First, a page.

Audience Mobilization: New Approaches to Documentary Film Engagement
Abstract of paper presented at Literary and Cultural Discourses on Mobility, a workshop hosted by University of Göttingen, Germany, by Mark Terry.
The documentary film has long served as an effective and influential communications tool for speaking truth to power. Activists have used this medium of storytelling for years to mobilize audiences of the general public to take action and demand progressive social change. While this process has been in wide use for quite some time, evidence of its effectiveness is rare. In those few cases where a documentary film is credited with directly influencing change, it is usually when the audience of the film is not the general public, but those with the power to enact the change.
This paper will explore two new approaches to documentary film engagement designed to facilitate and accelerate the activist intentions of the social change documentarian. The first examines a new process of collaboration that involves the changemaker prior to and during production, not only after as is currently the common practice. The second is a form and structure of the documentary film designed with community representation, global perspectives, and the international policymaker in mind.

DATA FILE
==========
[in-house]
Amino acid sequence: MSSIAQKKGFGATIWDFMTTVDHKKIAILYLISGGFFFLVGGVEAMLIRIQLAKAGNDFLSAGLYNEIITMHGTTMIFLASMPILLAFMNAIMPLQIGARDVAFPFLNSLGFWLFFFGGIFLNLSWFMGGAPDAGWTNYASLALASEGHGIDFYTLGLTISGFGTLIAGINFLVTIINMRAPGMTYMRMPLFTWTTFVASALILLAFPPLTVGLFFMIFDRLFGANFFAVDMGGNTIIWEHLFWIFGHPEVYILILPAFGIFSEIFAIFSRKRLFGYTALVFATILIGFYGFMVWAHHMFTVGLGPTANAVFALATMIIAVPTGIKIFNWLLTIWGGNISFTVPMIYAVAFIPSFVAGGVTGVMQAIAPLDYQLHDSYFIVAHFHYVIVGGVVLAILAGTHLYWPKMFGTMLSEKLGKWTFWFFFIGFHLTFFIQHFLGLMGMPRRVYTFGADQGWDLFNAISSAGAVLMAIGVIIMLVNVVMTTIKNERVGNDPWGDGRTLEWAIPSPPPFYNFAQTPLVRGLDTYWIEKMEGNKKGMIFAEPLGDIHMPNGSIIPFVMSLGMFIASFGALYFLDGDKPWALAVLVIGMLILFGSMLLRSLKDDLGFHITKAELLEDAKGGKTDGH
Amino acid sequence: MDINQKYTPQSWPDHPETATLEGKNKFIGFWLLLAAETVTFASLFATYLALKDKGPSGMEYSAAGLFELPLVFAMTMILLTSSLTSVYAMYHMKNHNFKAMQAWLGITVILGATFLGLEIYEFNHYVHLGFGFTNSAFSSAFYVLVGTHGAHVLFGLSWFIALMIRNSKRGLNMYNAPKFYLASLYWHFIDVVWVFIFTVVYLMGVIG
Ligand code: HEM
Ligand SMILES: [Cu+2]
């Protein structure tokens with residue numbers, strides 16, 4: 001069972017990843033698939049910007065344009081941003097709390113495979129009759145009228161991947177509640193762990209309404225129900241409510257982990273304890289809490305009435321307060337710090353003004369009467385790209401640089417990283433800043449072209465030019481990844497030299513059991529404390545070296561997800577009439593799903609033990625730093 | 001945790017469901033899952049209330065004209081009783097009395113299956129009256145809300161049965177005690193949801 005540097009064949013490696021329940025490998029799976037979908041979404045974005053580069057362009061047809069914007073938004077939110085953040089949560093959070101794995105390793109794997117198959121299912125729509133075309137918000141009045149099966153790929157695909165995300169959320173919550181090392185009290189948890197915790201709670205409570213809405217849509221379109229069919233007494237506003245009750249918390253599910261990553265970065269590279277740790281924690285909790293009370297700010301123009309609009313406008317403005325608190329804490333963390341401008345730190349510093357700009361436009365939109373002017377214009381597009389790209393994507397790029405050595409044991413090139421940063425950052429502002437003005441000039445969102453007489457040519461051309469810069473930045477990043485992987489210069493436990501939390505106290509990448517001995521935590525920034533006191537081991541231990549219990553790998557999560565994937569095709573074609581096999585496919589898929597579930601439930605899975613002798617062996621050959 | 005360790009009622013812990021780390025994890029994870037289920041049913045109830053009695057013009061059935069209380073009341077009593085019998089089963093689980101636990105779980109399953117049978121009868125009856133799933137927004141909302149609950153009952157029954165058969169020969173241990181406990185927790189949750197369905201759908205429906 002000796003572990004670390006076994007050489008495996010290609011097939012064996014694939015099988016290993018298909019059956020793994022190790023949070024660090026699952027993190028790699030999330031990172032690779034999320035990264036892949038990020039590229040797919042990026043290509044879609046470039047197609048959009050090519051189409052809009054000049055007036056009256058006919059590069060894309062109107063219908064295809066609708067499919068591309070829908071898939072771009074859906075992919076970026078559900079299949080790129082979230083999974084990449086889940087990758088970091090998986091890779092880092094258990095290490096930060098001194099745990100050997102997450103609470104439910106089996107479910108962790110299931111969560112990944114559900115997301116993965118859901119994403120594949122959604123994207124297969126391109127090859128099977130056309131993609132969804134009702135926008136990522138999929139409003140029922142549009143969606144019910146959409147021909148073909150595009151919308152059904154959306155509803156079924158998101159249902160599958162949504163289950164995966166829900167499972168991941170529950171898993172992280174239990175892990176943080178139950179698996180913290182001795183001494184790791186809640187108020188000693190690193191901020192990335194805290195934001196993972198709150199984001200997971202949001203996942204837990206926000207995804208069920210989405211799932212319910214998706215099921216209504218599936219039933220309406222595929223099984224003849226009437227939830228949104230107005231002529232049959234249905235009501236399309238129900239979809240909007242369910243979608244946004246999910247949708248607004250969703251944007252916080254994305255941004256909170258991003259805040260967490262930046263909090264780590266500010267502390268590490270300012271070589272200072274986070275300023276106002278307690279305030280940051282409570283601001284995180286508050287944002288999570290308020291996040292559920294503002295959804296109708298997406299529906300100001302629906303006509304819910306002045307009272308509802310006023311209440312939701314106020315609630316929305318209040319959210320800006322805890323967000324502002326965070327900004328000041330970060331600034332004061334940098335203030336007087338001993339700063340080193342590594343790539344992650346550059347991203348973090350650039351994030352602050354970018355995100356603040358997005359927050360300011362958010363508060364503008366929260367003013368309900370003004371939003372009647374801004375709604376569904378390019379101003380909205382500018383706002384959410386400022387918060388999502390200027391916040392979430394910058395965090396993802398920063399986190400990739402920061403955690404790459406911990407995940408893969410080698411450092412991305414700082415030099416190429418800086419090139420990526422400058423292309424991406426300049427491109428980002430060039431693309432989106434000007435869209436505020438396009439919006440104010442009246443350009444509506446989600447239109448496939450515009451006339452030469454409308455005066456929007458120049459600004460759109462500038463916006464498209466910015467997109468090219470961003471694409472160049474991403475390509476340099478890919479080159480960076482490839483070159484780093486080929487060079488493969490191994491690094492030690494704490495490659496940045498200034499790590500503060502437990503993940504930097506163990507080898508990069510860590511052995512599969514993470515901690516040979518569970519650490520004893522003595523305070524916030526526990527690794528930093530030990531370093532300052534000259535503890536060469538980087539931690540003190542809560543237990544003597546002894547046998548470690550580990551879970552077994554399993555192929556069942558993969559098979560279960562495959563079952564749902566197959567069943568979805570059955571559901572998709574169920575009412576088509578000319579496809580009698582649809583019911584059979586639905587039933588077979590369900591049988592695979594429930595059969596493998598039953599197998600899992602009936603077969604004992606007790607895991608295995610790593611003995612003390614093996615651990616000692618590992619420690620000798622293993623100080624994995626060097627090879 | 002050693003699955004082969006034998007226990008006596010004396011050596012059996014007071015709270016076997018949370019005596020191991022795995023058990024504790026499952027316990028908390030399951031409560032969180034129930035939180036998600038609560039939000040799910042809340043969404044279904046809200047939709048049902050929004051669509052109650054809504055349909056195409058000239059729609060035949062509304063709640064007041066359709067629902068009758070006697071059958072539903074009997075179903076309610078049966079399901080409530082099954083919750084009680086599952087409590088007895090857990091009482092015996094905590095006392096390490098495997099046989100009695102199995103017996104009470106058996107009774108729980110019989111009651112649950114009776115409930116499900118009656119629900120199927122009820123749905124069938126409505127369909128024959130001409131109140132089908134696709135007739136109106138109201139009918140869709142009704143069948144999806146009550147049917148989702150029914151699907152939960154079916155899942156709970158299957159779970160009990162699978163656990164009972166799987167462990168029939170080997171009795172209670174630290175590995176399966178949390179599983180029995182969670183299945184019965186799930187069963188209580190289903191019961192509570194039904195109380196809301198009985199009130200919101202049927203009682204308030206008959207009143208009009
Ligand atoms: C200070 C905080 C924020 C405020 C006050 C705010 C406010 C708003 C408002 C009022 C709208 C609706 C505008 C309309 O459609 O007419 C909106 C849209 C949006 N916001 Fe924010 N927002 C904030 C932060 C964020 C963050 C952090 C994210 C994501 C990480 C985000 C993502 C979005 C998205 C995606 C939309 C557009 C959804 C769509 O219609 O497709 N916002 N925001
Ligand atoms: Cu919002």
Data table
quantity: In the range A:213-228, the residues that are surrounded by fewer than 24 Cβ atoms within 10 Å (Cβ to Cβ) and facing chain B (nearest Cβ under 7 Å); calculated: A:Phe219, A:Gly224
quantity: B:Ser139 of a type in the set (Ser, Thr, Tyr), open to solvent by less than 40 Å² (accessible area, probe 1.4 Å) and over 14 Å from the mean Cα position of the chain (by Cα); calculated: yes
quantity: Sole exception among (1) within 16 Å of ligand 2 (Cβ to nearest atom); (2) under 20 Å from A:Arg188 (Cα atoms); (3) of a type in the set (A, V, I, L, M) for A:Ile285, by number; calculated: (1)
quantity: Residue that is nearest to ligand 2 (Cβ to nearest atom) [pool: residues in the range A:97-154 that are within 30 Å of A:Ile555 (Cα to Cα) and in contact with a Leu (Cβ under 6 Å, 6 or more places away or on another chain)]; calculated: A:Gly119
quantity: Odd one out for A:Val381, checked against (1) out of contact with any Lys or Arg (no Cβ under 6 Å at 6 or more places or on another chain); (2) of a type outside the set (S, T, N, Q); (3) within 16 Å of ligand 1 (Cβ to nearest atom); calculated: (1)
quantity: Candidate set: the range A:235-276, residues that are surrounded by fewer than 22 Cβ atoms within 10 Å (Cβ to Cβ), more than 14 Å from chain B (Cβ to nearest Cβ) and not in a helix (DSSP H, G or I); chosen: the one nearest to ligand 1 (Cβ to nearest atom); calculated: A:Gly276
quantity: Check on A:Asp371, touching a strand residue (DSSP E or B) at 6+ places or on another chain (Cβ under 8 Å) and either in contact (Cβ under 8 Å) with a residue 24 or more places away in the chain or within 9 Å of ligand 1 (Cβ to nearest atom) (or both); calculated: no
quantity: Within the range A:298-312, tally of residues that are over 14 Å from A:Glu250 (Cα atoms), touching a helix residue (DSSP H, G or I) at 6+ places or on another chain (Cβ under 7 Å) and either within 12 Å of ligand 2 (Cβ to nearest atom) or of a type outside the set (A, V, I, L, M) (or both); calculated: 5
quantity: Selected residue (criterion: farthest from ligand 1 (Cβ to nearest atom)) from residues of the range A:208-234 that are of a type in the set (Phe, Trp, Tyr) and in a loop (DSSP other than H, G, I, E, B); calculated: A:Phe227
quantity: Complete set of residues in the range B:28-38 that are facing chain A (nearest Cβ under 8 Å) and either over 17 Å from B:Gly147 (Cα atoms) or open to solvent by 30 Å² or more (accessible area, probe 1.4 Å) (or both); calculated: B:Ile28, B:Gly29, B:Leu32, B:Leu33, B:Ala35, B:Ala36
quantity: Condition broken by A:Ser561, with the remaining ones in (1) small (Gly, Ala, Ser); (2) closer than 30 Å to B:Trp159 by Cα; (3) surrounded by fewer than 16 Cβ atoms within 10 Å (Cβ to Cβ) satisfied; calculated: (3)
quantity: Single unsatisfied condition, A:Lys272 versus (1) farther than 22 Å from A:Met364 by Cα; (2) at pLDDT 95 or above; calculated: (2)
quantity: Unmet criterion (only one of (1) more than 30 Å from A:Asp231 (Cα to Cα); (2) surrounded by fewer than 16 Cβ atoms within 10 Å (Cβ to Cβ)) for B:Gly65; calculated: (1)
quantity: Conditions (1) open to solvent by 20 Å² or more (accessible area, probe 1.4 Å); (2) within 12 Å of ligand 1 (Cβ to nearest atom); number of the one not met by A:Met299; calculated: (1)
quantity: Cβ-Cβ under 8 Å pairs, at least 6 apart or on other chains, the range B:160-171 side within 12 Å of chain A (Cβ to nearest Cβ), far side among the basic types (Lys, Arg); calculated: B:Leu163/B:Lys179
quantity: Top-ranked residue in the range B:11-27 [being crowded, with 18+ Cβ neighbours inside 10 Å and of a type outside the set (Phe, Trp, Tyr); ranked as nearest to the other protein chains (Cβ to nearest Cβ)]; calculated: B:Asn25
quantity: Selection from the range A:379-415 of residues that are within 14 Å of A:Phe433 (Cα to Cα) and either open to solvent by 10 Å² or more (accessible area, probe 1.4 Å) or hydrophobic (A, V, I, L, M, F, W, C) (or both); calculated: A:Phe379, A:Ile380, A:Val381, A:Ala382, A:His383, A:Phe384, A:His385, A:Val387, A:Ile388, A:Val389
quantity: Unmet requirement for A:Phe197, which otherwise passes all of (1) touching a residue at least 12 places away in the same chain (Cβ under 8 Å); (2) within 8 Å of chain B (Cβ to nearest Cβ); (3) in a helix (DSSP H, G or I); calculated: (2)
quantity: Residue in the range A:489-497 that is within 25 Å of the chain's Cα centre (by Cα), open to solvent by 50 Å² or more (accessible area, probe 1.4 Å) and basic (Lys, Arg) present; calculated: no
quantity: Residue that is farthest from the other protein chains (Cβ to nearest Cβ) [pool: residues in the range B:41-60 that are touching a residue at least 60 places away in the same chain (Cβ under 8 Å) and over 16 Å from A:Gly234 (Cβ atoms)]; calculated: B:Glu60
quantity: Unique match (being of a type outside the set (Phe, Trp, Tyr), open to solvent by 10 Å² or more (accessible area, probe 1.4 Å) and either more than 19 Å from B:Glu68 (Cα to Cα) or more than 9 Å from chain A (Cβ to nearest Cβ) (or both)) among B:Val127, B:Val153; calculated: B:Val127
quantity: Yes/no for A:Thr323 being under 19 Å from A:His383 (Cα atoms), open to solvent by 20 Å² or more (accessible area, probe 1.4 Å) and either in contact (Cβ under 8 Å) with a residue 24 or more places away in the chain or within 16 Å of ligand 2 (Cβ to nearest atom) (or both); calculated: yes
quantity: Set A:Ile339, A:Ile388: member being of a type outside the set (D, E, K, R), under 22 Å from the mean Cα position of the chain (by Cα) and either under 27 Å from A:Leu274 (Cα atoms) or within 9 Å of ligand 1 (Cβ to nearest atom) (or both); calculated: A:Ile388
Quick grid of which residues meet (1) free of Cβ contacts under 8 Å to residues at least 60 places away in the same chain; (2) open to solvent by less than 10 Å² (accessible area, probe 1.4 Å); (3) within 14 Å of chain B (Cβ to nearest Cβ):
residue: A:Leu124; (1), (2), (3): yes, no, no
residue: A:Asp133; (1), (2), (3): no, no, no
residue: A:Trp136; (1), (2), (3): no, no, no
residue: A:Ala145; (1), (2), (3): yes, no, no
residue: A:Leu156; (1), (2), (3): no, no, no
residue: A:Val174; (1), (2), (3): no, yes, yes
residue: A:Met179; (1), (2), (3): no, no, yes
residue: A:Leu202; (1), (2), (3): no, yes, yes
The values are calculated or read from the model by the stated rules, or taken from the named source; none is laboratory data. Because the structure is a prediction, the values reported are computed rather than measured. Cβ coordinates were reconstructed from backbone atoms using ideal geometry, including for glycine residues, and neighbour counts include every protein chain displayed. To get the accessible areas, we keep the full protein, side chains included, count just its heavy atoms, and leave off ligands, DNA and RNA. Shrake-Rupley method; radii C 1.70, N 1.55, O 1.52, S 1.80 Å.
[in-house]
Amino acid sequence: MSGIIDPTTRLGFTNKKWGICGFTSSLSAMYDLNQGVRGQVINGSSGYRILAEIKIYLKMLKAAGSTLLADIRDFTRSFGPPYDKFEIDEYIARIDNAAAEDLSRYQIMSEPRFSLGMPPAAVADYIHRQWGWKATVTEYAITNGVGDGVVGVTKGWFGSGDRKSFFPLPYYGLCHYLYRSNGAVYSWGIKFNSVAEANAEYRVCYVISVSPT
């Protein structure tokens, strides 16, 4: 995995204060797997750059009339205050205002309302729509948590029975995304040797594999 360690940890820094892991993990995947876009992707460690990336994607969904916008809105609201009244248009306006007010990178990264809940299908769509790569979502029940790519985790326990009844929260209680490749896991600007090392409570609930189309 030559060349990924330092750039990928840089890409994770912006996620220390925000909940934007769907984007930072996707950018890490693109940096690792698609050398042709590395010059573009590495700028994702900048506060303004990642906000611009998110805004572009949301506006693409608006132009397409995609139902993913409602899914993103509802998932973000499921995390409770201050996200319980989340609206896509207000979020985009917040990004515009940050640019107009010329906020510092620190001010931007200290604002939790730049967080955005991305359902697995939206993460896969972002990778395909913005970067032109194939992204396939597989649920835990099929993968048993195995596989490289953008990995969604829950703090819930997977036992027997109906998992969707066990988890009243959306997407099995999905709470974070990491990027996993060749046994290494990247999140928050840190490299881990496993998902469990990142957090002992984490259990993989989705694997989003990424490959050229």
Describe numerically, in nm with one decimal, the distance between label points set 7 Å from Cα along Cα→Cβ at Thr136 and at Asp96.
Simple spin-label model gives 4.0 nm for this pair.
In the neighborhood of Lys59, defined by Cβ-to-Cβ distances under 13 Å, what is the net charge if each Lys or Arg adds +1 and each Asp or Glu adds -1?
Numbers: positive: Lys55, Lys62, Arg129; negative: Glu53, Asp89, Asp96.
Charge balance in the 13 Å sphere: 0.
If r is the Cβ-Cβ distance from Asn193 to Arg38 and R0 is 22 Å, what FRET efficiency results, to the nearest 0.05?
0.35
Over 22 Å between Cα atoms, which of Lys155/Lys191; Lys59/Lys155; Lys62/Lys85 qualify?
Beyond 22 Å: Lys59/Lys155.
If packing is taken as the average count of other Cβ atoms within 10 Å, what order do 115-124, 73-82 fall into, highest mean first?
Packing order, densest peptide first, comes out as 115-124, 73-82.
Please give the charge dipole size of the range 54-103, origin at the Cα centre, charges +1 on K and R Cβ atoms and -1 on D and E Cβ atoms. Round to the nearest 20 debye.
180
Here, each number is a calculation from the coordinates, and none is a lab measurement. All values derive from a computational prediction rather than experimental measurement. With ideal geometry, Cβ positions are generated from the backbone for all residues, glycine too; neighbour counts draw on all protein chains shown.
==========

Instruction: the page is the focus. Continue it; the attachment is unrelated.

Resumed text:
This new form is called the Geo-Doc, a multilinear, interactive, database documentary film project presented on a platform of a Geographic Information System map of the world. This digital configuration mobilizes the changemaker at all stages of production to ensure the data and visible evidence required for progressive new policy is made available.
The result is a collaborative documentary form that makes a direct connection between filmmaker and changemaker in the social change process through new approaches to audience mobilization.